Angela Weickl,

Written by Calla Camero

Photography by Jonathan Ferreira

Ang 3 Banner.jpg

Johannesburg, South Africa. When Angela Weickl and I finally connect on a call together after 30 minutes of picking up, dropped calls, and a few back and forth “I’m having connectivity issues!” emails, we realize that we have something in common straightaway: we’re both hungover. Angela is in South Africa, so she’s had a few hours ahead of me to sweat it out at the gym. I, on the other hand, am in pretty rough shape. But it only takes moments for my body to trick itself into recovery, once I begin talking to Angela and feed off her confident energy that emanates from her speaking to me through the phone, even though were thousands of miles apart. 

We delve right into her life. Born in Johannesburg, South Africa, Angela grew up certain she would become a Marine Biologist. But at 18, when in a twisted turn of fate, she found herself at a sound college studying music instead, she gave up dolphins and whales and fell in love with the music industry. In the years to follow, Angela found herself working in just about every aspect of the music industry that she could- sound engineering, at an event hiring company for music festivals, she managed a live venue and nightclub, hosted a radio show, and all the while DJing on the side. Angela took what the universe presented to her at 18, and perfected her craft, learning everything that she could about music.

This deep-seated understanding of music, and the culture and community that surrounds it, was exactly what Andreea Magdalina, Founder & Director of, was looking for in the next head of the South African division of a nonprofit, curated network of women with active roles in the music industry, set out to create an environment that supports collaboration, creativity and positive values. 

What's the music scene like in South Africa? How has it evolved from when you first started working in music?

The music industry trends in undulating waves where for brief periods of time either live music is in favour or electronic music is more popular.

When I first entered the industry my life and work revolved around bands, and at the time the live music scene was thriving. I was a live sound engineer and had the opportunity to engineer for a lot of the artists whom I had spent my teen years listening to on the radio or via local mix CD compilations. That was a wild experience for me. A few years into the game I discovered DJ culture when I was managing a club in Cape Town. That was also the period in which I met producers who were performing their music live, and sparked my interest in South African electronic music. Around this time I started teaching myself how to DJ. This was between 2003 and 2006. 

The one defining characteristic of that time was the passionate investment artists made in themselves and in their audience. During this period social media was not a tool being utilized to market your brand, you were dropping flyers on cars and pasting posters all over town. You were flogging merchandise at every show. Your fans were queuing outside the venue before the door opened because there were no pre-sale tickets and they needed to guarantee their spot in the club.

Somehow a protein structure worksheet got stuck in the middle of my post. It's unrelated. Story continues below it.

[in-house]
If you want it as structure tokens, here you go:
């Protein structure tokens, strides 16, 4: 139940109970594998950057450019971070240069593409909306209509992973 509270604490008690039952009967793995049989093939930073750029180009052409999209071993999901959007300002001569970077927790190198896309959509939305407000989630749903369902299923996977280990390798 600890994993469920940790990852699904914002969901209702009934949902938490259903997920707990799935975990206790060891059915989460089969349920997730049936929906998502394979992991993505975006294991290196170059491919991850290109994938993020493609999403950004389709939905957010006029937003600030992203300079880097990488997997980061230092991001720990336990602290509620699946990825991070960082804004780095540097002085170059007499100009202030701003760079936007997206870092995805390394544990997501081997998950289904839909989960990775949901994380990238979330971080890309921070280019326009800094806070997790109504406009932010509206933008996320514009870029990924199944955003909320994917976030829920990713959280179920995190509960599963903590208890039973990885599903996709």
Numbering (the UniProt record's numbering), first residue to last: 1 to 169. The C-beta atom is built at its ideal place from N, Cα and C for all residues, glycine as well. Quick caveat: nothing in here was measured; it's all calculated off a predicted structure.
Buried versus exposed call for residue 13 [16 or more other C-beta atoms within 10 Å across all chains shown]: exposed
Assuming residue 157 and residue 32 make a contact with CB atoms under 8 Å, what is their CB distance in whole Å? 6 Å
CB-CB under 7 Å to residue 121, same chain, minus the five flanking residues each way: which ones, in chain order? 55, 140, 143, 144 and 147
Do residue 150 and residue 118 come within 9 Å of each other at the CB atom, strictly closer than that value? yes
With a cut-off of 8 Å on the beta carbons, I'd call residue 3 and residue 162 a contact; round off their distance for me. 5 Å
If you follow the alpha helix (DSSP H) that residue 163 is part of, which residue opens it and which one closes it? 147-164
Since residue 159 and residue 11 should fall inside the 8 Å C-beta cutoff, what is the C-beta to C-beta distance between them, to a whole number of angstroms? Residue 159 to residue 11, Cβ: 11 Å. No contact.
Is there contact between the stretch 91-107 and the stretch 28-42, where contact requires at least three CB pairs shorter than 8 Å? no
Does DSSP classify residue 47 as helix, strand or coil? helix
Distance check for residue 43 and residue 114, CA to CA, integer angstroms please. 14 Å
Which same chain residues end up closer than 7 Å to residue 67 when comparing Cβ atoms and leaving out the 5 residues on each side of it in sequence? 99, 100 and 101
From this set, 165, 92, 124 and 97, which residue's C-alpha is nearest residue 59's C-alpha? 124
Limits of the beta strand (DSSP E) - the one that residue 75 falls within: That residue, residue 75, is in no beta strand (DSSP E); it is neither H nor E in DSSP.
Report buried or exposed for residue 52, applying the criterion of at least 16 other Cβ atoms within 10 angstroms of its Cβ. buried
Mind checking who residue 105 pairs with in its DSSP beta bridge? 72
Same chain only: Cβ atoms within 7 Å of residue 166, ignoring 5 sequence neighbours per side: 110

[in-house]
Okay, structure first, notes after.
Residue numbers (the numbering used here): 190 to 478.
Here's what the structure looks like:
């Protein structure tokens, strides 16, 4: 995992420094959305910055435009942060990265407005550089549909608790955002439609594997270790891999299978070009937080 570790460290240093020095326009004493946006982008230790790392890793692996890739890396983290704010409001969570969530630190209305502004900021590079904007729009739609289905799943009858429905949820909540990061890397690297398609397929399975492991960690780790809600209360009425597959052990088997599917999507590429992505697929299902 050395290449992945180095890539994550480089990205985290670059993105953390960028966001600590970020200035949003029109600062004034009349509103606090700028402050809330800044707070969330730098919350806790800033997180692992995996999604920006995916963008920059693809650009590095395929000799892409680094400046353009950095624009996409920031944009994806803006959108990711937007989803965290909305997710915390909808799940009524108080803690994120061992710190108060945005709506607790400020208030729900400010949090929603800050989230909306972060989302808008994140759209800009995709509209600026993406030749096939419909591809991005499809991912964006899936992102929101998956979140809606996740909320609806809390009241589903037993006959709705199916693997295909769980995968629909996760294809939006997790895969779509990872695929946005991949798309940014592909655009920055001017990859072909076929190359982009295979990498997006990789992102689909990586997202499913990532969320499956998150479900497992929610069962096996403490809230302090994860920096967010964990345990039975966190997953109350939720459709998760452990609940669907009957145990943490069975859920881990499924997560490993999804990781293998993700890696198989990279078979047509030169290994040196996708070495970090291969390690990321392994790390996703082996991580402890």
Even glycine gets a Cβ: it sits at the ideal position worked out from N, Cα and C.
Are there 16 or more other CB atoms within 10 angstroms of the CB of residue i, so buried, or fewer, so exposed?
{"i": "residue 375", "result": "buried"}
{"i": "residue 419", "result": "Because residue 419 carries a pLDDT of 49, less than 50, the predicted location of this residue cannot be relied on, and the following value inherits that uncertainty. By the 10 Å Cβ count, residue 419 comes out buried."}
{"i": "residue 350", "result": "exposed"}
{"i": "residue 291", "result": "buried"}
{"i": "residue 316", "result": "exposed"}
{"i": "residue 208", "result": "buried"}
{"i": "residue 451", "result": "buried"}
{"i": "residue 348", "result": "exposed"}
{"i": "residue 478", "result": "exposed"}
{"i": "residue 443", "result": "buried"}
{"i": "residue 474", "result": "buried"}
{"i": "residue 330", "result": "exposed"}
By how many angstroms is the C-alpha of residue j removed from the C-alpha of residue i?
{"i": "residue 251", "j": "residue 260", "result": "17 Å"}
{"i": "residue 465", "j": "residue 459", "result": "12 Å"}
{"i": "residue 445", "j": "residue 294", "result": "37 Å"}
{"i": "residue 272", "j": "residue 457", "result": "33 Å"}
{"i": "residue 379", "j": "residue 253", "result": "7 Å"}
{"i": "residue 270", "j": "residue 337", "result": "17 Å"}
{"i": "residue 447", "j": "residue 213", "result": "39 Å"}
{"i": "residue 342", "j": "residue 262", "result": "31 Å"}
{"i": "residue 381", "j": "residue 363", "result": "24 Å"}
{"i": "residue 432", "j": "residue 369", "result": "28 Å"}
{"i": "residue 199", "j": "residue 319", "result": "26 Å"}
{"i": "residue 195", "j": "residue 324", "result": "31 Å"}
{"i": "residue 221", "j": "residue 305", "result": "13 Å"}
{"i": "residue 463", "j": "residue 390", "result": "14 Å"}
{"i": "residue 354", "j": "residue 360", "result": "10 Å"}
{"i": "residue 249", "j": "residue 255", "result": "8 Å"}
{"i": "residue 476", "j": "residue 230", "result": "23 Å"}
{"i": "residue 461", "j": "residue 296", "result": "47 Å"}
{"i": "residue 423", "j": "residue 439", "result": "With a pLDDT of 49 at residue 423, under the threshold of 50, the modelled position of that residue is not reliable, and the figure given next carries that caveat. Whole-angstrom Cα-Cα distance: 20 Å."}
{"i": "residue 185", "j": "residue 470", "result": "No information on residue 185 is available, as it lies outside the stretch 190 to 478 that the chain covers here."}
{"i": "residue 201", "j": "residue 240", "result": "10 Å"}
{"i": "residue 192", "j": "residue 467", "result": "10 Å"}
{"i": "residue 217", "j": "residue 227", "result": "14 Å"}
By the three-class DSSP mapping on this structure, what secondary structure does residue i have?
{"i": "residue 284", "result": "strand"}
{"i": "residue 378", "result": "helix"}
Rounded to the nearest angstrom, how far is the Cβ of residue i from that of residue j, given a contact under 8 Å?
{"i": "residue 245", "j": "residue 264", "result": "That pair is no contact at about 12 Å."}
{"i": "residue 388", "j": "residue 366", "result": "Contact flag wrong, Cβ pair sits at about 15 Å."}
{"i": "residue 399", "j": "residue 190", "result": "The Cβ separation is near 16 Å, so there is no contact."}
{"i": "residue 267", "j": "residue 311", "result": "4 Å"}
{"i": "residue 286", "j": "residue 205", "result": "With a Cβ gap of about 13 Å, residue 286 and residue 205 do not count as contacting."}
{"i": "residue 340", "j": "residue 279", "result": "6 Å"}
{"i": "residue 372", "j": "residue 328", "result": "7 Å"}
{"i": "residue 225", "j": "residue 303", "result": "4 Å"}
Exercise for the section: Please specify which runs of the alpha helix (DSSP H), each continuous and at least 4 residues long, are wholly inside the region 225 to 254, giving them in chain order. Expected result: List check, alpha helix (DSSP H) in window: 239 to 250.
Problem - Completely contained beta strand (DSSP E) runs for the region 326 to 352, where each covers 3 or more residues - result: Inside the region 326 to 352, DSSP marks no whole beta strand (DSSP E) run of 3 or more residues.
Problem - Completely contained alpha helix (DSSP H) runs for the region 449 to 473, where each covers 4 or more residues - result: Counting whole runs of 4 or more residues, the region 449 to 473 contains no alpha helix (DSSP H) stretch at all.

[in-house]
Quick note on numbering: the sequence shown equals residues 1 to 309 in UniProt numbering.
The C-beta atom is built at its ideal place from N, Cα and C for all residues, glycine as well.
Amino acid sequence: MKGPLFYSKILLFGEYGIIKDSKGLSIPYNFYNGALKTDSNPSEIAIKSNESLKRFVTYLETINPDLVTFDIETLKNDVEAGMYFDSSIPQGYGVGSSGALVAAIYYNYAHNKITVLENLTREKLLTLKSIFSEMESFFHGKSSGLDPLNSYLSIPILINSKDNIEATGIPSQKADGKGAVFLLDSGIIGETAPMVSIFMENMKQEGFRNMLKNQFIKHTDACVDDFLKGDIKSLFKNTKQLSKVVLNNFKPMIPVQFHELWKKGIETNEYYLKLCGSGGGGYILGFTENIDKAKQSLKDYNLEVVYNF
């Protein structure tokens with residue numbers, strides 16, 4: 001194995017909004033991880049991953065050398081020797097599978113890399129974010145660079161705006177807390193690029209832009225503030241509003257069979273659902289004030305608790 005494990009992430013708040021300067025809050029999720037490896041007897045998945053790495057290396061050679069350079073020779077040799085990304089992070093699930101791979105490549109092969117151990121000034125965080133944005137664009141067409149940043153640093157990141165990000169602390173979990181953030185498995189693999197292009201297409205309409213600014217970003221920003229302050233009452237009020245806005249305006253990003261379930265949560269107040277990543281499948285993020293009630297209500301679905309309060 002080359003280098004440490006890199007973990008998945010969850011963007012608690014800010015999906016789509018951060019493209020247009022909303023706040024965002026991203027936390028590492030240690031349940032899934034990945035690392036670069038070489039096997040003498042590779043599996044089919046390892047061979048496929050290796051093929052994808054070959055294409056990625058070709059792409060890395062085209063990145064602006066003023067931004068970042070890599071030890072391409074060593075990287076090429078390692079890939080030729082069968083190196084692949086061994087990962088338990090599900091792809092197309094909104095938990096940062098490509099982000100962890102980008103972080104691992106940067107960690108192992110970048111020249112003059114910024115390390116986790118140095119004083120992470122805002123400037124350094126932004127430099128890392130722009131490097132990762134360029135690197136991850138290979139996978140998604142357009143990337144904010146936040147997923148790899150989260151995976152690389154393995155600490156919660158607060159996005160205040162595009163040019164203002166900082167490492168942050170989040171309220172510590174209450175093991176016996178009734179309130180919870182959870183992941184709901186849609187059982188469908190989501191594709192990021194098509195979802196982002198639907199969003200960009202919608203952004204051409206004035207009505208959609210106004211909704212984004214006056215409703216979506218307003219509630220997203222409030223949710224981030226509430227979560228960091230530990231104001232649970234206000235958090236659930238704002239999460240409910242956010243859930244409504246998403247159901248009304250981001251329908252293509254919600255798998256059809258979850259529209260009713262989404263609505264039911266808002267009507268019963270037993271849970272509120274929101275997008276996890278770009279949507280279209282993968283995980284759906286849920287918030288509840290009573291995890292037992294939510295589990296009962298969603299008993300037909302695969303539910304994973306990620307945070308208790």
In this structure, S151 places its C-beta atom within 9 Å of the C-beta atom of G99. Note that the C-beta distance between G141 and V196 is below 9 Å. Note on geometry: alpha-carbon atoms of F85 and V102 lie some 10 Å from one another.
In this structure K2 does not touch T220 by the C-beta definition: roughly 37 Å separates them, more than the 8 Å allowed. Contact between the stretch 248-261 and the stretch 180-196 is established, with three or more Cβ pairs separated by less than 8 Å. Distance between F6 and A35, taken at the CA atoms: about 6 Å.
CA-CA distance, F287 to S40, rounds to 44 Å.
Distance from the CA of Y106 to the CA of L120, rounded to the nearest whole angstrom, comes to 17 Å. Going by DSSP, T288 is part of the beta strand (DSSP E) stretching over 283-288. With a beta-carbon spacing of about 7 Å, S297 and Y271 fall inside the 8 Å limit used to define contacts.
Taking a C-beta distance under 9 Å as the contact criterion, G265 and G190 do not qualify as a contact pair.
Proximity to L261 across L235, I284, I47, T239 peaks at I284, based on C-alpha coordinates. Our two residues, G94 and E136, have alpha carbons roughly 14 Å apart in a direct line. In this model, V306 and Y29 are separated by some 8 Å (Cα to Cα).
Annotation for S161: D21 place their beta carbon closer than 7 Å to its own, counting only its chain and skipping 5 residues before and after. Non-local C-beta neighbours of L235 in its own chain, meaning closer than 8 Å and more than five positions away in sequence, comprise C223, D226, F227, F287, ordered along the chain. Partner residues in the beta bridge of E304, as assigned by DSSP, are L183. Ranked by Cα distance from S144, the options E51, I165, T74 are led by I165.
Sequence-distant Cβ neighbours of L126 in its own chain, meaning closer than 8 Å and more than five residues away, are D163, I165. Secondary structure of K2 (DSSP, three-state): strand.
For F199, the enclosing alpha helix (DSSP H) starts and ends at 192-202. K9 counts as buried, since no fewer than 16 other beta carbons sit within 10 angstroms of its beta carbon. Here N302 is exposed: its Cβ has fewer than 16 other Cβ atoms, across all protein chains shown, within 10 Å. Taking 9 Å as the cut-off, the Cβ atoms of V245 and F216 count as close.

From my teens until around 2012 we still had rockstar-level bands in SA. We'd hitchhike to shows at the club I would one day end up managing. We would follow bands around the country. Sold out shows were the norm. But while we were all investing in the legends, the younger generation of artists were struggling to find venues to play or opportunities to make an income to continue pursuing their music dreams. This led to a massive slump in the live music scene, which led to a few institutions closing their doors - venues and festivals. This downturn led to the resurgence of DJ culture and electronic music became the new darling again. The difference this time round was that we were being introduced to kids who has spent their teens in their bedrooms creating weird magic and were now being let loose into the world. 


In 2018, I feel like we are experiencing more of a balance than I have witnessed in the last decade. Electronic music is now live performance. Live bands are embracing the punk DIY morale that will guarantee them longevity. Niche genres and subcultures from around the country are thriving, pushing their unique sounds to the foreground. The culture of collaboration and upliftment is at an unprecedented level, with some of the most exciting young artists constantly featuring on each other's work and playing shows together. I feel a new energy that is no longer about scene rivalry but about congruent goals. 

Do you feel like there’s a lot of up-and-coming artists, coming out of South Africa? 

If you don’t understand the need for there to be as many artists as possible, then you might think it’s a lot, but I think that the only way that we are going to be competitive on a global spectrum, is if every new artist gets their fair chance to thrive, because they’re going to be thrown into an even bigger pool. If we’re only offering 5 options for something that goes into 5,000. It would kinda be better if we have like 15-20 or 50 options that gets thrown into the pool of 5,000 competing. It ups their chances of getting noticed. 

And also as long as you’re not pushing artists for the sake of being local, but understanding that they are creating a quality product and the music is good and the artistry is good, and you can be honest about that then it doesn’t really matter how many there are. If we have all of the great artists we should be pushing all of them. 

Can you tell me about is a curated network of women with active roles in the music industry. The vision of the network is to create an environment that supports collaboration, creativity and positive value. The global network was established in 2014 and has grown rapidly over the past 4 years, with divisions in most of major cities. The brand hosts workshops, meetups, collaborates with festivals and events, hosts radio shows etc all with aim of creating awareness and promoting diversity and equality for women in the music industry. 

How did the South African division of begin?

The SA division of was started by another member who then approached me around October 2017 and asked if I would want to take over the responsibility. At this point I had been a member of the global network for about 1 year. Once the transition was approved I had to define what our goals would be and create a plan around how we will achieve them.